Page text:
Getting children into the habit of reading newspaper


I have been pushing so many newspapers under the noses of my children that they think I am trying to housebreak them.

But I'd have more luck getting a puppy to read one of them.

I make my living in the newspaper business, which means that newspapers have contributed substantially to the happy little lives of my children.

But, like the preacher's son who grows up to reject God, my kids wouldn't read a newspaper if they found themselves accidentally locked in the bathroom with one.

And I worry, for two reasons. I want newspapers to be around long enough for me to retire from one. And I worry about my kids growing up to be members of a vast, uninformed electorate.

So, I keep scanning the pages of newspapers for stories that might catch their interest. Anything that might lure them into the newspaper reading habit.

I point out to my daughter stories on boy band member Lance Bass announcing he is gay; on the devaluation of the word slut; on how Food Network divas Rachael Ray and Giada de Laurentiis keep their girlish figures; on the cardinal sin of wearing flip-flops in the workplace; and on how condoms have been found to be even more effective in the prevention of STDs than we previously thought.

OK. I can be a little preachy.

For my son, I call his attention to stories about Floyd Landis, the winner of the Tour de France, his family life, his painful hip and his positive drug test; about Lance Armstrong's strong-arming of congressional leaders for more money for cancer research; and about the Pittsburgh Steelers. And I send him columns and editorials from The New York Times denouncing President Bush and the Iraq war.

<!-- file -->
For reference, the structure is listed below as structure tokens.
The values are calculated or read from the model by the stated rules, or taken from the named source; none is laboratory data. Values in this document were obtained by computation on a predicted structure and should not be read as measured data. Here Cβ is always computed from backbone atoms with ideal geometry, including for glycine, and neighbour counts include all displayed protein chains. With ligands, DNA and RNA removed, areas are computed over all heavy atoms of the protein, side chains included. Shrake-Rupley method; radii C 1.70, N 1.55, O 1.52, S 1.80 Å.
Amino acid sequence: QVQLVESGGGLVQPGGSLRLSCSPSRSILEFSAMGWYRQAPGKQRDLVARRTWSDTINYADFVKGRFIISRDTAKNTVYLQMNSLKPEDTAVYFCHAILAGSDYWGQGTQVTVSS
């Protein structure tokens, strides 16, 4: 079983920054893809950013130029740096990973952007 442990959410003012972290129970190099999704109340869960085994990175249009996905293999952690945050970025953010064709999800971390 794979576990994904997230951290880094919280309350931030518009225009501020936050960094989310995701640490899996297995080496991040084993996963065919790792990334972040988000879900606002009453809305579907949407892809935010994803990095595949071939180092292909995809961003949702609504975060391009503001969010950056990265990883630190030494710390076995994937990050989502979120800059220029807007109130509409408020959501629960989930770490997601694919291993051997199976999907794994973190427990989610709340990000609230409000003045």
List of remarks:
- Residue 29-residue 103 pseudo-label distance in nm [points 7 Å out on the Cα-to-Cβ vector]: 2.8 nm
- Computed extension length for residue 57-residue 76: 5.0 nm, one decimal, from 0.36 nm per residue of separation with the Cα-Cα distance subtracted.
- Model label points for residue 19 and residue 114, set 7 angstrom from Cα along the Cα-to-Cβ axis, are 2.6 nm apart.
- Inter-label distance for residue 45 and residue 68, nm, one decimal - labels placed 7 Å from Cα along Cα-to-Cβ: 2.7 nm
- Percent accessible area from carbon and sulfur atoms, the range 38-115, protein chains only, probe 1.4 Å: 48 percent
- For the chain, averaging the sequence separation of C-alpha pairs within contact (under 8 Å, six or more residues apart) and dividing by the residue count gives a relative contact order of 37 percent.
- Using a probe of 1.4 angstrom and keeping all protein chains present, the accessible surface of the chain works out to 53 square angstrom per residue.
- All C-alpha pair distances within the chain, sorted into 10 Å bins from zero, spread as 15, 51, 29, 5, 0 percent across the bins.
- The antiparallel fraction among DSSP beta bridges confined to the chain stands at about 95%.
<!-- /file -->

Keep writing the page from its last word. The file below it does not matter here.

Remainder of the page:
OK, I am a lot preachy.

I e-mail links to stories to my son, who isn't near a newsstand right now.

And I circle stories in the newspaper and put the pages on top of my daughter's sleeping form. They are usually very short and have pictures. I don't want to stress the system.

My children humor me. But I am pretty sure nobody is reading.

And if nobody is reading, then, for sure, nobody is subscribing.

I am not alone. Newspaper executives all over the country are trying to find ways to hook young people on newspapers the way we, their parents, are. And it isn't going well. When you have Jon Stewart and Yahoo! News, why would you walk out to the sidewalk on a cold, rainy morning to pick up something that is going to leave black ink all over your fingers?

I am on the front lines of these attempts to attract young readers, and I am having no success. I wish those guys in the corporate towers all the luck in the world.

When I told my daughter she had to read at least one article from the three newspapers that arrive at our house daily, she looked at me as if I was ridiculous.

"Mom, I am not 14. I am in college. You can no longer make me do extra math worksheets and read newspapers," she said, and went back to sorting her e-mail.

I left the room hoping that one of her friends had e-mailed her a link to a newspaper article.

My son told me that he deletes all e-mail from me - although the ones with dollar signs or the word food in the subject line seem to be getting through. He said he was not aware that I was sending him newspaper articles.

Newspapers, like public education, are essential to democracy. If my children and their generation turn to blogs and Fox News for information, the United States will be a banana republic in about 10 minutes.

That, and their father and I will be out of work.

He works for a newspaper, too.

To hear audio clips of selected Susan Reimer columns, go to

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